Heading out the door? Read this article on the new Outside+ app available now on iOS devices for members! Download the app.
By Zack Vestal
Almost four years ago, someone handed me a set of synthetic brake and shifter cables, and said, “Check these out!” Until then, I’d never thought that traditional steel cables were heavy, but the feathery Power Cordz were dramatically lighter than any other cables I had used. Without any instructions (other than to wrap the cables 180 degrees around pinch bolts for the most secure attachment) I installed them on my road bike. Two years of virtually friction-free and flawless performance left me with a great impression.
Fast forward to February of this year, when I stumbled across a press release from the Io DuPont company describing its new 1.2 mm Power Cordz shifter cord (the previous version was 1.5mm). I decided to give the new version a try and ordered a complete kit of brake and shifter cables with housing.
When it comes to saving weight, the Power Cordz are unbeatable. And in my experience the performance is really slick — pun intended. But like any ultra-light, high-performance upgrade, they do require careful installation and some patience in final adjustment.
About Power Cordz
The structural element of Power Cordz is a synthetic fiber called Zylon HM or PBO. Around 10,000 individual PBO fibers are woven into a cord, which is enclosed by a slick nylon sheath to keep the fibers together and protect them from damage. Cable heads are anodized aluminum, bonded to the cord material. The materials will not rust or corrode, but the company advises replacement after three years due to degradation from UV exposure and other potential environmental factors.
Weights on these synthetic cables are staggeringly light: two 1.2 mm shifter Cordz weigh just 5 grams, while a pair of Shimano SIS cables of the same size weigh 32 grams. Road brake Power Cordz weigh 10 grams for a pair, compared to 46 grams for Shimano brake cables of the same length. Doing the math, the potential weight savings totals 60 grams. As for anything this light, the price is high: A pair of shifter or brake Cordz alone costs $37, and complete kits with housing cost $69.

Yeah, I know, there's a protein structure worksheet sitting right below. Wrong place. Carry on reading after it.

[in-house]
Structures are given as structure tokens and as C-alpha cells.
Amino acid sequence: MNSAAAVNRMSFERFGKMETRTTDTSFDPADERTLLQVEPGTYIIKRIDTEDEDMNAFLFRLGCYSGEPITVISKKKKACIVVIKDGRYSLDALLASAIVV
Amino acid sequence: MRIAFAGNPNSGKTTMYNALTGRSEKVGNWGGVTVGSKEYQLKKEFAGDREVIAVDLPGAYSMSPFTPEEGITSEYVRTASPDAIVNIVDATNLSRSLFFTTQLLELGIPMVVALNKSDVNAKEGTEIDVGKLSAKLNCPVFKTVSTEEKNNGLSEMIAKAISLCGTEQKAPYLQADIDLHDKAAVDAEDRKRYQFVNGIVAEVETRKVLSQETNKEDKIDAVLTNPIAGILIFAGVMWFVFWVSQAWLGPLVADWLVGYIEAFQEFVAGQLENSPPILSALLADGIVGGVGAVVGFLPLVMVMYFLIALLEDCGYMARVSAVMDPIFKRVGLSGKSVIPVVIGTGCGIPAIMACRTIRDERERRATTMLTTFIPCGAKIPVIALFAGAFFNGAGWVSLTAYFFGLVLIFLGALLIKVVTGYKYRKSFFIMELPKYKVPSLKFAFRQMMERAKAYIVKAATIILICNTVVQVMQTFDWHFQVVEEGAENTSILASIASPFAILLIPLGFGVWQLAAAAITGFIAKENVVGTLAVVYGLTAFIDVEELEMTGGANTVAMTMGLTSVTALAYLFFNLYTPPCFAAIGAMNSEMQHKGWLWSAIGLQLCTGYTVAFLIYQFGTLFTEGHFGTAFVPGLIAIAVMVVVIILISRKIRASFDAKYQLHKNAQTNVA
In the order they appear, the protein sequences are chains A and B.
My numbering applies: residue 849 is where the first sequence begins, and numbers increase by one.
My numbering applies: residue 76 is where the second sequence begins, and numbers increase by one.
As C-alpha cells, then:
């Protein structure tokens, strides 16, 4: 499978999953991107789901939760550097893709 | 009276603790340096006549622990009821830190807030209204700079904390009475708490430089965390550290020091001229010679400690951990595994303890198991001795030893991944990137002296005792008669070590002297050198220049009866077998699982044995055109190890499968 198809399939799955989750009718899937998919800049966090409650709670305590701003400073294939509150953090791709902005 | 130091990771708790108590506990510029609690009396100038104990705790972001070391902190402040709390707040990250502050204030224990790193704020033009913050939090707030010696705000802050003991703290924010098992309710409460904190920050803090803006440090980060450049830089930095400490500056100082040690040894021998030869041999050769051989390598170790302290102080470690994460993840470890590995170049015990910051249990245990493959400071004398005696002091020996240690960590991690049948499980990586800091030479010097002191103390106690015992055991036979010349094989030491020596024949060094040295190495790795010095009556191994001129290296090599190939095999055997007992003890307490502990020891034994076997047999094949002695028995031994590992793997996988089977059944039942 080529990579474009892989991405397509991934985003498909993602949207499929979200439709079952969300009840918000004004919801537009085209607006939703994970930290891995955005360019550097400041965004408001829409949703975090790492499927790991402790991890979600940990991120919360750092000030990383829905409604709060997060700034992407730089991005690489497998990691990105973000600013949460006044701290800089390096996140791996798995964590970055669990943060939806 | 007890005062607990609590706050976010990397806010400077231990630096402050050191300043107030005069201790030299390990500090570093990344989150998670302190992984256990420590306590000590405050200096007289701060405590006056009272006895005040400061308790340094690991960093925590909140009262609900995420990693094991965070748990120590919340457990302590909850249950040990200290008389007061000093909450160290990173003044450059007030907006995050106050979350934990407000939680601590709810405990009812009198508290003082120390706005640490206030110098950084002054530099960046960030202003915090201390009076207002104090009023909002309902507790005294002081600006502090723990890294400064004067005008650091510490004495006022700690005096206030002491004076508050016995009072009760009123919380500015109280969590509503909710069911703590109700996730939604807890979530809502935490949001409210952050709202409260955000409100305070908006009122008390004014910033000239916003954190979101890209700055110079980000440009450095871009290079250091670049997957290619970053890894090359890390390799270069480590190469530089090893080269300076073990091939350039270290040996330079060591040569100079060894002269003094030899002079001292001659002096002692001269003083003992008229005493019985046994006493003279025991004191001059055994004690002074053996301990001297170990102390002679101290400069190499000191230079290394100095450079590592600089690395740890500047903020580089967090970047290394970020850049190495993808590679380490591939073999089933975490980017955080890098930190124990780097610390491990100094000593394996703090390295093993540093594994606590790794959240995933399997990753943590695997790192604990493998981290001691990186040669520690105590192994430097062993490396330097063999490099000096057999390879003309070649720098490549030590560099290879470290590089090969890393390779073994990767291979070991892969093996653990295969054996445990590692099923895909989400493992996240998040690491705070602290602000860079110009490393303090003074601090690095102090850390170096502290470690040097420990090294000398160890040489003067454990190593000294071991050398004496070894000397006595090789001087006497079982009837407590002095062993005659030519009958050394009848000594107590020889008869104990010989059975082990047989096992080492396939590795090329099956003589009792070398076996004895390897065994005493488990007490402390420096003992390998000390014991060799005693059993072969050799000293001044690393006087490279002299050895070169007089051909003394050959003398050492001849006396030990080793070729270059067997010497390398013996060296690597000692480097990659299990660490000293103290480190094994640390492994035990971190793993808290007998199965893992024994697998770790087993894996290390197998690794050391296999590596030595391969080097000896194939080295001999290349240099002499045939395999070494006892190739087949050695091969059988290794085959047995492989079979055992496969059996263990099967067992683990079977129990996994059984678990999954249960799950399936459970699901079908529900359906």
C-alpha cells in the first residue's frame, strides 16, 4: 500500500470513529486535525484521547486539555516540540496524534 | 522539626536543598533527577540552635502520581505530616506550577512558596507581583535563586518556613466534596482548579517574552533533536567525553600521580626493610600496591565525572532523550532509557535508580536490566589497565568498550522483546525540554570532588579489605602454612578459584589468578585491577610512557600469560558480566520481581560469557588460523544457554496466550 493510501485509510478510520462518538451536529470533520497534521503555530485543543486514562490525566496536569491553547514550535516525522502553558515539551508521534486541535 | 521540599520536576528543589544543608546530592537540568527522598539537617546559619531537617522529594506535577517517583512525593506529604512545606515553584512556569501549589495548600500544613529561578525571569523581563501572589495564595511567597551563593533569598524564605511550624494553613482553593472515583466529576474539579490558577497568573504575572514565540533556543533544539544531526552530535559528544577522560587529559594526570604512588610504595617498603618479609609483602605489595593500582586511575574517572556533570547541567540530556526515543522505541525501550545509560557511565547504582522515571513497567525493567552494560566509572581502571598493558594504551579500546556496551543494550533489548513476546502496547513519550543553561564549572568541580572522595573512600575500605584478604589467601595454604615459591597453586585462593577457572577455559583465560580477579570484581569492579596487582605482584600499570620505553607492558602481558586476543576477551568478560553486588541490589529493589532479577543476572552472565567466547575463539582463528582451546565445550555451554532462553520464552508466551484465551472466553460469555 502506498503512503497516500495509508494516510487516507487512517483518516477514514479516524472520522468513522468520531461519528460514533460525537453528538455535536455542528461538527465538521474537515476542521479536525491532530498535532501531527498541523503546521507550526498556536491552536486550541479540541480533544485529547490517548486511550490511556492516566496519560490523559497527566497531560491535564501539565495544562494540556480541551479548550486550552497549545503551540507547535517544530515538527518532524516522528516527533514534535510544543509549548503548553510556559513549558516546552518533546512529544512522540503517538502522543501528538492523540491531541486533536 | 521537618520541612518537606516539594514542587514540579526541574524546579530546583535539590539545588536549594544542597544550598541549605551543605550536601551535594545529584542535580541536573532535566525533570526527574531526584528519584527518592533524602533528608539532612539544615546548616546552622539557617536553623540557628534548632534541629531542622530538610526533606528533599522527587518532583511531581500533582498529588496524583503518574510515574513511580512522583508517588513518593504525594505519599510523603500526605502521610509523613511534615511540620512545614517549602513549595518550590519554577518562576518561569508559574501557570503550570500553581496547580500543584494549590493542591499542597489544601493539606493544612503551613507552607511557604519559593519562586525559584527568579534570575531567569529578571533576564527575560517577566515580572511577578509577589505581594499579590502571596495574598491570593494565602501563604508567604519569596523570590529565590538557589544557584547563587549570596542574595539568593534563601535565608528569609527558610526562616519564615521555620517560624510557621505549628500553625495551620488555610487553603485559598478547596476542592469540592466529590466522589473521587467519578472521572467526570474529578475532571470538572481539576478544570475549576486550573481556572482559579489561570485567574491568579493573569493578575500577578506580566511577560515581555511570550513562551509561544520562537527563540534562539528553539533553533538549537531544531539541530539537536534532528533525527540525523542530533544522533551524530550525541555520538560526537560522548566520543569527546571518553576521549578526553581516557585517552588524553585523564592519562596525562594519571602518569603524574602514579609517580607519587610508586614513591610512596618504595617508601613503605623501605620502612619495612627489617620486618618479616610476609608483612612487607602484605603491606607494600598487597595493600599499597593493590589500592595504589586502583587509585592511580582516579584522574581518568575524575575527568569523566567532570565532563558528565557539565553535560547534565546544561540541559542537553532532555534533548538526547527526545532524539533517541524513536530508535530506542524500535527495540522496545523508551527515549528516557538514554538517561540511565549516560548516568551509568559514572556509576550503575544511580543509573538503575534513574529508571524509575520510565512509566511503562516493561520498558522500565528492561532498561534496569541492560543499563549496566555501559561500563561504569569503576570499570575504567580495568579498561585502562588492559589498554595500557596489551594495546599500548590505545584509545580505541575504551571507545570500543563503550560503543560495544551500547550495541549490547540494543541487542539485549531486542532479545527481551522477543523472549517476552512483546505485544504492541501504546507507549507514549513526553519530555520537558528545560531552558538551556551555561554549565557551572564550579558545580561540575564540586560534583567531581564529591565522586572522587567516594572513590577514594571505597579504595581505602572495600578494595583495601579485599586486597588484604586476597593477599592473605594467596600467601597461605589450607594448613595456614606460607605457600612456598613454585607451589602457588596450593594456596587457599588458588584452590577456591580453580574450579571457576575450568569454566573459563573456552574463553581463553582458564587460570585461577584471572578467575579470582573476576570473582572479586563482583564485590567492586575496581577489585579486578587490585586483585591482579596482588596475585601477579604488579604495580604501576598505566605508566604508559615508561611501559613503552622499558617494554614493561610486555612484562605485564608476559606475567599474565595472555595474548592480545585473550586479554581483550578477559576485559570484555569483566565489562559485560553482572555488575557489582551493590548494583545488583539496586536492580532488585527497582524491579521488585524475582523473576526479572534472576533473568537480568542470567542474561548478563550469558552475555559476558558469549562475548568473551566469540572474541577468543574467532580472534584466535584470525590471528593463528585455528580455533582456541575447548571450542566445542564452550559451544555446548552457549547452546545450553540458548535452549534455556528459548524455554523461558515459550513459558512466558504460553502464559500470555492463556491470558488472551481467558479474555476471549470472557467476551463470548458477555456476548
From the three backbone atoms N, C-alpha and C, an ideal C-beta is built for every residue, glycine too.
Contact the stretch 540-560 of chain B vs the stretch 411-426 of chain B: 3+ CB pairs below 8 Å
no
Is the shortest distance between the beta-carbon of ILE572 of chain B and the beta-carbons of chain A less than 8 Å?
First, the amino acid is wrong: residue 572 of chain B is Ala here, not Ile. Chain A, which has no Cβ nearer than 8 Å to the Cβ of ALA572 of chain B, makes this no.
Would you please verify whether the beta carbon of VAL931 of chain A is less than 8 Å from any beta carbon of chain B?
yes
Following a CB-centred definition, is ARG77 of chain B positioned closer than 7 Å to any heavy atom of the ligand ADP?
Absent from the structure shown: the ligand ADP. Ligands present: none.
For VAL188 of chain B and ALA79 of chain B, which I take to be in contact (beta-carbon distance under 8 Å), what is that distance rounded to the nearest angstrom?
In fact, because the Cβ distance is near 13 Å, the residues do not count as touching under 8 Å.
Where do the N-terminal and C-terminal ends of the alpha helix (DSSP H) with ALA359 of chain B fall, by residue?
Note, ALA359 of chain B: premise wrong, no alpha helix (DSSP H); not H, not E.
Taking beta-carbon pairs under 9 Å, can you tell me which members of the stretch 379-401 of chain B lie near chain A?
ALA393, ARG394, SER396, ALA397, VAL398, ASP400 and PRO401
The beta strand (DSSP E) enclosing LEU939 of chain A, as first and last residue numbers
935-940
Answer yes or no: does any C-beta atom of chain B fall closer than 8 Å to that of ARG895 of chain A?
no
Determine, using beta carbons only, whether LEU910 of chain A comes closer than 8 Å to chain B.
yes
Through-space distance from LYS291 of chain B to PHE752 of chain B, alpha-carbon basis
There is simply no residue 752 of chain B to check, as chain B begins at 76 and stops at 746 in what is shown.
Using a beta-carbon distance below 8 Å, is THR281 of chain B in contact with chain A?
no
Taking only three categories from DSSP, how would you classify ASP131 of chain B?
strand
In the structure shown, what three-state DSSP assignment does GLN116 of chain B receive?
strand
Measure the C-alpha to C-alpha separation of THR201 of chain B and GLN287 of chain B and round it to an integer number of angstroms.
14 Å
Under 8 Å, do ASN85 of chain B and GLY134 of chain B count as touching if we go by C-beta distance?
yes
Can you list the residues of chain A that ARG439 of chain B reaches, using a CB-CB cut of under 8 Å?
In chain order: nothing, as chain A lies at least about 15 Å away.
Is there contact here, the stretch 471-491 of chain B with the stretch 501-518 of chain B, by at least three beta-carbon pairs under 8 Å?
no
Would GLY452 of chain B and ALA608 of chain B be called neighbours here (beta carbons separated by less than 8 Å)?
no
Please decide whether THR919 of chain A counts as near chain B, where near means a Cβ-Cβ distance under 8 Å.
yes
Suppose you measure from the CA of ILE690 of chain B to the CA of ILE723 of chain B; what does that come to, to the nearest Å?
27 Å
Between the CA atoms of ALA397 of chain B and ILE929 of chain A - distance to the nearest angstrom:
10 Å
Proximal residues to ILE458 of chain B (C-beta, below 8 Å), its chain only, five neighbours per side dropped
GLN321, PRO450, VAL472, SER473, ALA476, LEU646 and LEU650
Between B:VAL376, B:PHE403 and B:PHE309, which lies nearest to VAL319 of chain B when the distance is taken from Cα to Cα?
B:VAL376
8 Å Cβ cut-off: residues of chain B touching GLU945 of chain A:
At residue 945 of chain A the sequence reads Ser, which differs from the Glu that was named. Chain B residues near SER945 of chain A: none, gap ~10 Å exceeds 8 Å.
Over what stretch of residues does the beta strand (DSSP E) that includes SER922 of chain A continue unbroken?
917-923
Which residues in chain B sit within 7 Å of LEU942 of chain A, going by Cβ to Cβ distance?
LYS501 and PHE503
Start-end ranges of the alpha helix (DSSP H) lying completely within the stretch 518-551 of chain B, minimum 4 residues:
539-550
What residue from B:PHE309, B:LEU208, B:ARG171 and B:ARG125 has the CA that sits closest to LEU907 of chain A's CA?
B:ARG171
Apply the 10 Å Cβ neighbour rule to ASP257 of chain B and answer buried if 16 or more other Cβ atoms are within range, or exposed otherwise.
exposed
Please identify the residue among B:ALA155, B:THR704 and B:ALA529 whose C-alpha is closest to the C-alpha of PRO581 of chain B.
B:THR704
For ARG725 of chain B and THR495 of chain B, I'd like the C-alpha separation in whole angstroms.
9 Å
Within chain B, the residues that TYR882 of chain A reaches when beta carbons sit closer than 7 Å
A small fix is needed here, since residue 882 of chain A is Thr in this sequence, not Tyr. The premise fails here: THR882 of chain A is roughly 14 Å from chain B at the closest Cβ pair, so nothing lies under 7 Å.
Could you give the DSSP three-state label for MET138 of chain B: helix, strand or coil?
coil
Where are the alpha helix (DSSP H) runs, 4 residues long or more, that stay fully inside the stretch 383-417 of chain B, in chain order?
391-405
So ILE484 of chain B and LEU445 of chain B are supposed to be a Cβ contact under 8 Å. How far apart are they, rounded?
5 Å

I like the stealth colors available. Brake cords are black, and my shifter cords are white. Company rep John Burdekin says yellow cords are also available, with other colors soon to follow.
When it comes to installation, there’s no way around it: Power Cordz are not as quick to install as traditional steel cables. Like a carbon fiber handlebar or seatpost, Power Cordz must be installed with care.
I began my installation without reading the directions carefully, acting as though I were installing steel cables. It worked for me a few years ago, but this time around my haste and mistakes caused a few issues. My recommendations: read the directions, watch the YouTube tutorial on the Power Cordz website, and don’t attempt this installation unless you have a few years of mechanical experience.
For starters, Cordz don’t have the rigidity that steel cables have, and forcing them into too-tight housing or ferrules can cause damage. I tried to feed a brake cord through the lever and kinked it, cracking the sheath. Luckily, I was able to cut it short and use it on the front brake. Similarly, threading a brake cord through a top tube or other internal routing is a challenge, because it lacks the structure of a cable. It behaves more like a piece of rope or fishing line, so I had to feed it through a plastic cable liner, and then feed the liner through the frame.